Employees are another consideration. For an owner who doesn’t have heirs willing or able to take over the business, one option is to transfer ownership to employees through an Employee Stock Ownership Plan (ESOP), in which the owner’s shares are bought in tax-deductible dollars from company contributions or plan borrowings. The sale can be all at once or gradual. “If the answer to the question, ‘Could the employees run the company without you?’ is yes, this can be a great way to reward loyalty and keep the legacy you’ve built alive,” Winick says.

Is your company ready?

Preparing to sell a business is all about maximizing its value, so the strategies you use to grow your company have a tremendous impact on the best time to sell. If, for instance, you invest heavily in growth, you will need to see some of that investment pay off to achieve a peak valuation. Conversely, you may conclude that further investment doesn’t fit into your long-term plans, so a sale may be more imminent. “Internally, it’s important to look at how prepared your company is for transition,” says Tyndall. “Does its capital structure maximize value? Will its strategy drive growth for the foreseeable future? Is its management structure capable of adapting to new realities?” These are questions that an M&A advisor as well as your accountant can help you answer.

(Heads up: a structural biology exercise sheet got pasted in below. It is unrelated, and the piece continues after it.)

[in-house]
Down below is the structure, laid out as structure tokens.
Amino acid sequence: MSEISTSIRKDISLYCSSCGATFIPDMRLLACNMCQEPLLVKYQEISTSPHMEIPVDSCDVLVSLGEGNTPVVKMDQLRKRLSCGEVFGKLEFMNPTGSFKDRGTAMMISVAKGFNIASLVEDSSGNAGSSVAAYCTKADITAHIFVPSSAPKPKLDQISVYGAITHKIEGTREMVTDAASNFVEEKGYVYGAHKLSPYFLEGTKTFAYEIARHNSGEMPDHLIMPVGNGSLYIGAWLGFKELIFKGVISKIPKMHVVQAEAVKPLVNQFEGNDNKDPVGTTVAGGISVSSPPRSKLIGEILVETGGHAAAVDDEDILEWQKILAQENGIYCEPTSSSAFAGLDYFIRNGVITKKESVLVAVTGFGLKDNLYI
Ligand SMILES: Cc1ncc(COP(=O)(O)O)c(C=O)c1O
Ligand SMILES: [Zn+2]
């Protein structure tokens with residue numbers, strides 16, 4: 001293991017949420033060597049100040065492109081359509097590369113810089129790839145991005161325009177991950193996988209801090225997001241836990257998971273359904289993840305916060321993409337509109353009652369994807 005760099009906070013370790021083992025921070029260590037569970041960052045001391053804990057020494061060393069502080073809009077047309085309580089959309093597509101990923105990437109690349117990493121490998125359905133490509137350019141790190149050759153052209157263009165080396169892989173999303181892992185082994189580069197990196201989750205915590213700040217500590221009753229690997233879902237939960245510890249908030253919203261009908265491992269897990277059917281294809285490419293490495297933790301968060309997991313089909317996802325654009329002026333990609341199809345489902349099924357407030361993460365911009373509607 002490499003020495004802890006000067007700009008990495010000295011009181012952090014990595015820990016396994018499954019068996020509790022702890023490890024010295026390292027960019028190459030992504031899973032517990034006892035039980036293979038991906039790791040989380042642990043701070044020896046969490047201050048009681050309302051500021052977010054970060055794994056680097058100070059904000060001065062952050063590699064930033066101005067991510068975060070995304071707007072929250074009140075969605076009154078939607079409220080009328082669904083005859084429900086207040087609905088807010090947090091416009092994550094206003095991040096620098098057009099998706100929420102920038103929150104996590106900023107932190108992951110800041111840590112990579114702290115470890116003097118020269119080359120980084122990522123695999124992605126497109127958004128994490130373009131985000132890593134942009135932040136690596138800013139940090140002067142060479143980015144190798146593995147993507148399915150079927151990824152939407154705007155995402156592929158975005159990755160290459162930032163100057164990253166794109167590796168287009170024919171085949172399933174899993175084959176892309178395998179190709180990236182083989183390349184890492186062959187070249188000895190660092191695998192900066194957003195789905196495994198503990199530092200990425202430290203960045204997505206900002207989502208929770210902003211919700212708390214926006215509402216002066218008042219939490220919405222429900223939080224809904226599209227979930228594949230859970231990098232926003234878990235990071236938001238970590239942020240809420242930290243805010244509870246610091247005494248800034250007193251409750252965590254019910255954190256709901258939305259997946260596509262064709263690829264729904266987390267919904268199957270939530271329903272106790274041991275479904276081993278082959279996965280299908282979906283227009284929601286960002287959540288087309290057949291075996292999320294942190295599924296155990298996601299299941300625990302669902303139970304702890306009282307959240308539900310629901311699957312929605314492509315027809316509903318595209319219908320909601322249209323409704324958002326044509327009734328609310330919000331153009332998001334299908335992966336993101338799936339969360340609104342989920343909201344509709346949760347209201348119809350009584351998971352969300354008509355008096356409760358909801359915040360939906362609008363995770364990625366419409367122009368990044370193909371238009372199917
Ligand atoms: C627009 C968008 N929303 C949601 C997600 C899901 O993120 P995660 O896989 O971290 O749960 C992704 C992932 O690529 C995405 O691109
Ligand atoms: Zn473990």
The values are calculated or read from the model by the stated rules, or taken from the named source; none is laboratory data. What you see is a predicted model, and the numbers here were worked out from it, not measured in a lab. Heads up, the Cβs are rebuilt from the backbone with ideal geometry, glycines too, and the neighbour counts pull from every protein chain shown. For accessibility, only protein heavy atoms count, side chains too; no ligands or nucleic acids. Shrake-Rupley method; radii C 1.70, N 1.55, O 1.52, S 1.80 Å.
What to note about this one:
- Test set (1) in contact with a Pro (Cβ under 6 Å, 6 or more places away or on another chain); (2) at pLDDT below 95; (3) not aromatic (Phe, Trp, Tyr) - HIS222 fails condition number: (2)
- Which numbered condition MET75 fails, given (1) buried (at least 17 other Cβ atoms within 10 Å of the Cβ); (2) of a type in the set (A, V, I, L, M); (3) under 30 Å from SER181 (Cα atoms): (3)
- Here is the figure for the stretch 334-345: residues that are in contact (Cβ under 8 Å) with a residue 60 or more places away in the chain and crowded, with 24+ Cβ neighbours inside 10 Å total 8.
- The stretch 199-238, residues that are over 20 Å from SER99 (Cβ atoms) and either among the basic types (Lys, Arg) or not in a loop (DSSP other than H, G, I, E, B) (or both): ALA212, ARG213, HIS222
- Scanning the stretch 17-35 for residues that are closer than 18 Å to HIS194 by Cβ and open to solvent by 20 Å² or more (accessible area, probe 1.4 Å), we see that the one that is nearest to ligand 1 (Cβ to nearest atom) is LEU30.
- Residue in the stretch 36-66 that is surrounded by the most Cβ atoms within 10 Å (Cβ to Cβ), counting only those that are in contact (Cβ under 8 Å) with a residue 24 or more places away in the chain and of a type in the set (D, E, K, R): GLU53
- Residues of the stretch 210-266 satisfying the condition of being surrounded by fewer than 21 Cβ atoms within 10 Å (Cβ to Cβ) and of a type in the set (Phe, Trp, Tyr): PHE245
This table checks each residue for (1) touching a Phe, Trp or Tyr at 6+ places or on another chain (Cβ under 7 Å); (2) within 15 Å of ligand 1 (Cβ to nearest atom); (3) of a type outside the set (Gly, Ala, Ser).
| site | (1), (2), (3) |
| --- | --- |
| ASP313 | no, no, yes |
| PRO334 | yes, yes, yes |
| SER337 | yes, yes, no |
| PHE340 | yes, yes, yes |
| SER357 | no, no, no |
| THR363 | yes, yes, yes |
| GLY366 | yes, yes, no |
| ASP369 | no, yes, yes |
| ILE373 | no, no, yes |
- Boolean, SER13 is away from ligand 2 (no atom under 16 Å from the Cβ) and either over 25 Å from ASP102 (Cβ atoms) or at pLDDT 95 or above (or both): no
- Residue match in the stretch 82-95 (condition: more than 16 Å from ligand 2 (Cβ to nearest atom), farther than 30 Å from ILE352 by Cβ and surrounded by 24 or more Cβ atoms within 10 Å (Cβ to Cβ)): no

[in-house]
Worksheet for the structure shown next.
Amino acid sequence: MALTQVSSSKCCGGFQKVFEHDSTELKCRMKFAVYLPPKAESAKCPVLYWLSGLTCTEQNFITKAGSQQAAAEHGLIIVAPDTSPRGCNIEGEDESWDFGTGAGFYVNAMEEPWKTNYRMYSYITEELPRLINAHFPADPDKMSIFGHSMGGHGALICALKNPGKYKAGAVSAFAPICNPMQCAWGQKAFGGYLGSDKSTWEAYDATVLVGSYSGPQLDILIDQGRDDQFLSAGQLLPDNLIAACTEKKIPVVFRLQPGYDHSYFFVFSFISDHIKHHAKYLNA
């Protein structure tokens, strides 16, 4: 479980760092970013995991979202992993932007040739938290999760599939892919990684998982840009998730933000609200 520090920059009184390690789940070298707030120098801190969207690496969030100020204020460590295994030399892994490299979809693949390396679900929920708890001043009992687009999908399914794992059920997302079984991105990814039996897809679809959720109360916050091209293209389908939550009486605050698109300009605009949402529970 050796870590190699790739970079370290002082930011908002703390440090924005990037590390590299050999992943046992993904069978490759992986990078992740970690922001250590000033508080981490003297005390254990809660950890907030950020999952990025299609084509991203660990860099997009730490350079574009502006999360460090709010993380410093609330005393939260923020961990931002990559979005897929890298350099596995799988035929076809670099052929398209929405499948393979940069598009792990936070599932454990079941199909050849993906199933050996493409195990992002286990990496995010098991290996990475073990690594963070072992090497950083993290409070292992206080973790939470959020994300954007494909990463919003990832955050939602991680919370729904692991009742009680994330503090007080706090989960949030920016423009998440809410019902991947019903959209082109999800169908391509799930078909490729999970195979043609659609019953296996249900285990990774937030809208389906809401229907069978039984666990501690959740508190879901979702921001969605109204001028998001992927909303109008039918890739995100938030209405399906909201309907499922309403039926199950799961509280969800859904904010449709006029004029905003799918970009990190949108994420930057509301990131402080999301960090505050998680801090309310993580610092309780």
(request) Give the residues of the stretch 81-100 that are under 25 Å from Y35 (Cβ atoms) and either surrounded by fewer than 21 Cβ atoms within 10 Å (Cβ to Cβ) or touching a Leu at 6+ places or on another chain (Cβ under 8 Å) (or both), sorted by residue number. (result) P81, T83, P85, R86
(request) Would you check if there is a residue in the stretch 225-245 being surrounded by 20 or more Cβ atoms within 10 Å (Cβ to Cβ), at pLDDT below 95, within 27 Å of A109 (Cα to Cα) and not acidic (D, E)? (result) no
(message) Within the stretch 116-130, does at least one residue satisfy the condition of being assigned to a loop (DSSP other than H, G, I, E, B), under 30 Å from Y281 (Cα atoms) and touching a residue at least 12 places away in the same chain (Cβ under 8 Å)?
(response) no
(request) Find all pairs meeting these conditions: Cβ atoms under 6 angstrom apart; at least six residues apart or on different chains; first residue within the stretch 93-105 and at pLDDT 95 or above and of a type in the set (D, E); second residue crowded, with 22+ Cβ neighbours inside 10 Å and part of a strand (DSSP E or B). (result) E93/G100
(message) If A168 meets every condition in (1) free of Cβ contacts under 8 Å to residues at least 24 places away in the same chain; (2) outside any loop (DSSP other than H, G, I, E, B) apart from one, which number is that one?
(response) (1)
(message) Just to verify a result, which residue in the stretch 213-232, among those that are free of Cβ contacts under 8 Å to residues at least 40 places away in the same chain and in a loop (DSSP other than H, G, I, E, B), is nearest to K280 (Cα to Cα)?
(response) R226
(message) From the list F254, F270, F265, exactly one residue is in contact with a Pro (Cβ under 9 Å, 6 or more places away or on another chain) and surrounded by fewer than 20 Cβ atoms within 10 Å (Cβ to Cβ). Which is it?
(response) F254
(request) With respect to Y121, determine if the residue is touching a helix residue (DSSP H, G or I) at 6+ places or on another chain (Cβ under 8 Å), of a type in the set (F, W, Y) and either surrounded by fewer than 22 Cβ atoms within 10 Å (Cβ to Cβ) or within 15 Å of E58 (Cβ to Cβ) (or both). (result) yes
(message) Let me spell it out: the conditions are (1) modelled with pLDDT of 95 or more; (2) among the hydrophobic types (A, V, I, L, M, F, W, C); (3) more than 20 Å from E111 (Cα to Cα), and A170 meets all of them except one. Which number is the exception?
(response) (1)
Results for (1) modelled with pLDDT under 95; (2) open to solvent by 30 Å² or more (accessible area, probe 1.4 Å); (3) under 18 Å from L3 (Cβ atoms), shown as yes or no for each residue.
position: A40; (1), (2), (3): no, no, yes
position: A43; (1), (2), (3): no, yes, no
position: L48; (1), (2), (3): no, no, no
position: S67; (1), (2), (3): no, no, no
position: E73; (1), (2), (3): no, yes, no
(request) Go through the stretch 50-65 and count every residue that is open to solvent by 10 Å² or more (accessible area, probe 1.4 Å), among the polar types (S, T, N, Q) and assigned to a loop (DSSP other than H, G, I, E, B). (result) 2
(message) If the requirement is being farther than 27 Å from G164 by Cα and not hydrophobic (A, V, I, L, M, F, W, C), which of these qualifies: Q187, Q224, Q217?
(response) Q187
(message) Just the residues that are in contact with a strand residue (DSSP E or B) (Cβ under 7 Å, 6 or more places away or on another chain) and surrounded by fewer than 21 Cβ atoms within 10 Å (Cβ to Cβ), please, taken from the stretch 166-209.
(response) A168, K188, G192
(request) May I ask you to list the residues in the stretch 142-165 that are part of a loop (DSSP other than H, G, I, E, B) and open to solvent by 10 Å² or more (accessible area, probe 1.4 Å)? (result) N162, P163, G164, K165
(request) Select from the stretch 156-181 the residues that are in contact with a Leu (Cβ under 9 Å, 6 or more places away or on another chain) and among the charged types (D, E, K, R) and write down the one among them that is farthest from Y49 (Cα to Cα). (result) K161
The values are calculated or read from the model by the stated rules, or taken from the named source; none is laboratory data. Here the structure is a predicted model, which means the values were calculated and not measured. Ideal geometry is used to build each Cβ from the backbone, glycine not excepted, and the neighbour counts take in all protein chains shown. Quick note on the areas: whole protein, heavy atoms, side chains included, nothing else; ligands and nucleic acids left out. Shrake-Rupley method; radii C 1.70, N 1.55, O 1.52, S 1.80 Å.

Key to maximizing your company’s valuation is understanding what drives value in the first place. “Regardless of what a business owner may want the exit to look like, it’s important to be building, identifying, and developing value drivers,” Tyndall says. Specific drivers depend on the individual business and can include market share, customer relationships, scalability, unique products, or brand recognition. “Drivers offer some sort of competitive advantage in operations or products, whether it’s a better product or service or lower cost,” he explains. It’s “anything the company can do that’s special or different, something unique that can’t be copied, or something where there’s a barrier to entry.” These are the areas where investment will create the biggest bang for your buck.